The Church of Google

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There is a Church of Google. Don’t believe me? Google it. I have been an informal member of the Church of Google ever since Al Gore invented the internets. Once I was able to afford a 486 computer and a dial up connection with America Online in 1996, I was fully indoctrinated in the Church of Google. Unlike God, Google gives me the answers to my questions. When I spelled something wrong, Google corrected it. Google gave me the answers to life’s many mysteries like why it’s more dangerous for dogs to eat onions than it is for them to eat their own poo.

Sometimes, Google didn’t provide the answer for free. Instead, Google would present me the website, which for a fee of only $59.99, would provide the answer to my question AND a full year membership. In my faith, I understood that Google’s wisdom sometimes came with a cost. I was merely paying my tithes. How else will the Church of Google be able to afford to provide us with Its infinite wisdom?

On Thursday, I consulted Google with my very personal and pressing problem that I knew only It would know the answer. Oh Google, what caused my car air conditioner to quit in the middle of the hottest month of the year? And would it be better to repair it or use the $4500 with the Cash for Clunkers program?


Google, in its most infinite wisdom, informed me that my car is hoopdie, not a clunker. There is a difference. A clunker is a car that gets 18 MPG or less and was made 25 years ago or less. A hoopdie is a car that is a piece of shit. A 2008 Hummer is a clunker. My 30 MPG, 6 year old car is a hoopdie. No Cash for Clunkers, I must repair it, Google said.

Anyway, Google told me that my AC problem is a very simple fix. The AC blower is located in plain view under the dash. You just unscrew it, unplug it and then do it again in reverse to install the new one. The new one would cost only $39.99 plus tax in tithes paid to AutoZone, plus the cost of a screwdriver.

Saturday morning, I confidently went to AutoZone and told him the part number for my AC blower that I need. He looked impressed that I even knew what an AC blower was and that the “1” in my VIN number meant that my car was made in the US or Canada and not the axis-of-evil Mexico. I told him simply, “I confided in Google.” He agreed with me by shaking his head sideways and said, “Okay, since you found your problem on Google, I will sell this AC blower and screwdriver to you.” Silly auto parts man, it was my tithes!!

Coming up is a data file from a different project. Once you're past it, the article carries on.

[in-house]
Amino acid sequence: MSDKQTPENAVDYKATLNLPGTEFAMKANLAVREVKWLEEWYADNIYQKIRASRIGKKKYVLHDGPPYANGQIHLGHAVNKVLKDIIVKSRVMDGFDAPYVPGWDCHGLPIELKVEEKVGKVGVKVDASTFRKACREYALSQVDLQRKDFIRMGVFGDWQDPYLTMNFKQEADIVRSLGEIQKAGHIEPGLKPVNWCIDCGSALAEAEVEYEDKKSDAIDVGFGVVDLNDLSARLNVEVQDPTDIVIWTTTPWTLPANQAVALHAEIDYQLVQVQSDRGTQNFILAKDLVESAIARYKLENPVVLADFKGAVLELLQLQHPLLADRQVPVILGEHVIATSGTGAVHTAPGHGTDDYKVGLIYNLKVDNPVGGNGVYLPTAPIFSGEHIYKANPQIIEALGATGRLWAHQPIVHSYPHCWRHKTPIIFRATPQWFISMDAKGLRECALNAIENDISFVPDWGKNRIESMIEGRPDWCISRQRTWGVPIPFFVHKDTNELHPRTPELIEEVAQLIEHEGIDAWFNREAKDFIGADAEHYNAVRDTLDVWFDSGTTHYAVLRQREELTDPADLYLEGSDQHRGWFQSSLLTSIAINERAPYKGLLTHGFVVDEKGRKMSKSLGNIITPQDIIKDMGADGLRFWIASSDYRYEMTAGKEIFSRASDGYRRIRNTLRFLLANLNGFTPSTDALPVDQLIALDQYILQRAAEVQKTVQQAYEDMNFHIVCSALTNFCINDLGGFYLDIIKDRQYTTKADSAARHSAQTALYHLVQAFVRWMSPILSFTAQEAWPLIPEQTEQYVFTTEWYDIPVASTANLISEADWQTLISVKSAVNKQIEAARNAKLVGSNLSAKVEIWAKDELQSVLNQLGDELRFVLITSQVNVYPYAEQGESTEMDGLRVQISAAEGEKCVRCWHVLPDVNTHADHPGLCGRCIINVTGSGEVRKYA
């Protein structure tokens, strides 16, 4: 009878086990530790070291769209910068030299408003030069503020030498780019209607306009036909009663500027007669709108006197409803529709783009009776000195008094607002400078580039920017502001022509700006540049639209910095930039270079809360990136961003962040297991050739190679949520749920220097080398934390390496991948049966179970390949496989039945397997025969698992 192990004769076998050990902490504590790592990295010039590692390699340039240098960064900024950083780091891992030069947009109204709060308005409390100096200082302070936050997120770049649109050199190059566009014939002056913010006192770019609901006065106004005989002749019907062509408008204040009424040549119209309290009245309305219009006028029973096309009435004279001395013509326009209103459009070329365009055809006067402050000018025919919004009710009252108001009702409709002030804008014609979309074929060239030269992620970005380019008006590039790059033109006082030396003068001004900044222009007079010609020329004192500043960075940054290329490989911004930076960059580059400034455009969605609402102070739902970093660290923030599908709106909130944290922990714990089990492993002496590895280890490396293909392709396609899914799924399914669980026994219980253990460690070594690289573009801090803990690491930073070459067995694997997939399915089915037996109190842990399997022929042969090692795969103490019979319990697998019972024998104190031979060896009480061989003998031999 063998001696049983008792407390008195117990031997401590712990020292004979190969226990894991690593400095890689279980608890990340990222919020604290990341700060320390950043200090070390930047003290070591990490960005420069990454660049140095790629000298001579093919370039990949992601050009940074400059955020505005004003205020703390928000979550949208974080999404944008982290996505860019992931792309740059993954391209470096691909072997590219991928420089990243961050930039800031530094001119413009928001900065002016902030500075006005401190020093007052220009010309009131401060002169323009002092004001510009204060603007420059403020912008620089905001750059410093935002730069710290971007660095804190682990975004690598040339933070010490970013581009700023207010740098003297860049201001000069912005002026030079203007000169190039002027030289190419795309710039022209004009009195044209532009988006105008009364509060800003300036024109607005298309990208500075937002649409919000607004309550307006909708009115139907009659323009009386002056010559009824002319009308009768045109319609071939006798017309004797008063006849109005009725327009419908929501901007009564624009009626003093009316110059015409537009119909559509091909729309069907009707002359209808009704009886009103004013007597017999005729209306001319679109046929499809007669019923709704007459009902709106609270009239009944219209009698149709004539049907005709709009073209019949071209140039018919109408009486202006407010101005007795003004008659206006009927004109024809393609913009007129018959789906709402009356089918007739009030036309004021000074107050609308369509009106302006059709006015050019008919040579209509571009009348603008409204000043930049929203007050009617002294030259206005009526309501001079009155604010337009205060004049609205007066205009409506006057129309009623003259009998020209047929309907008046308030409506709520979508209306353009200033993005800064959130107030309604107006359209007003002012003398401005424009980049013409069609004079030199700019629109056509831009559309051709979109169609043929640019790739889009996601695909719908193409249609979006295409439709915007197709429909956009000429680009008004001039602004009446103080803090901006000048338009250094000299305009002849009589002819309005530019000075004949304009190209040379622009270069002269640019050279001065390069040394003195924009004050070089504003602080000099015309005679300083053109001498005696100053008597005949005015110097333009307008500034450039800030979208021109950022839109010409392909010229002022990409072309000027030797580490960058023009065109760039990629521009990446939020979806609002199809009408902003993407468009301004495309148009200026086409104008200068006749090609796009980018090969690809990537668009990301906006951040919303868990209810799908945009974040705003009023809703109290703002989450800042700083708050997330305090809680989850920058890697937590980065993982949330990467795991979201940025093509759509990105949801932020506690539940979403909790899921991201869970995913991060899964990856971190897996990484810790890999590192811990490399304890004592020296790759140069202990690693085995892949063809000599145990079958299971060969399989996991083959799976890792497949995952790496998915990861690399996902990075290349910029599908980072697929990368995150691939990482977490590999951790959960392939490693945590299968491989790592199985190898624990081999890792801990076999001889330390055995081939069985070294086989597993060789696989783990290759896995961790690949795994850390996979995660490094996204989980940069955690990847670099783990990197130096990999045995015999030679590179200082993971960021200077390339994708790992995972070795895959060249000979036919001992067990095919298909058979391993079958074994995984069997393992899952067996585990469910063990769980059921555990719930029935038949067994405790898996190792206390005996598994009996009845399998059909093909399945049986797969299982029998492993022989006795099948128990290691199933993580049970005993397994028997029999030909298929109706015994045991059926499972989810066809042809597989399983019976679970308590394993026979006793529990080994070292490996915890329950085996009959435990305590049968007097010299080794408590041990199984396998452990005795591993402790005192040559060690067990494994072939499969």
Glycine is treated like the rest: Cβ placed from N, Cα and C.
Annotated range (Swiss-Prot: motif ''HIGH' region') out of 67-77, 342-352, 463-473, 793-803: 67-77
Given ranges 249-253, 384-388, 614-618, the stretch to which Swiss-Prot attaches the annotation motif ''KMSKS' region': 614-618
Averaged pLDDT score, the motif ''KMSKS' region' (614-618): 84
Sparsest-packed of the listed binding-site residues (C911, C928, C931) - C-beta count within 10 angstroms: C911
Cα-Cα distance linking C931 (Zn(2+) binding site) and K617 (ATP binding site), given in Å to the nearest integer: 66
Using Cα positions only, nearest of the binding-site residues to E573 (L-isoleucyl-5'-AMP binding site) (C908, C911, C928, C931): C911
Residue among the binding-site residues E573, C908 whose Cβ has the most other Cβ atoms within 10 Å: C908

I drove home very happy that I was doing Google’s will. Once I got home, I contorted my body underneath the dash to find the screws that were holding the old blower on. They did not exist. The old AC blower was being held on my magic, apparently. I took my car to the auto repair store, who agreed to lift the magical seal and install my new one for $80.00, plus the cost of repairing my brakes for $120. And so it was done.

Later that day, the car repairman called to let me know that there are more problems with my AC than just my blower. He basically told me that my whole AC system was broke and would cost me more money than I have to revive it. I drove home, mourning the loss of my AC.

Oh, Google why have you forsaken me??

PS: I hope you enjoyed this post, I felt like you needed a break from the politics. By the way, you can follow me on Twitter at


5 thoughts on “The Church of Google

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  4. You got scammed, never trust a mechanic, specially about things like options.
    They’ll hose yah every time.

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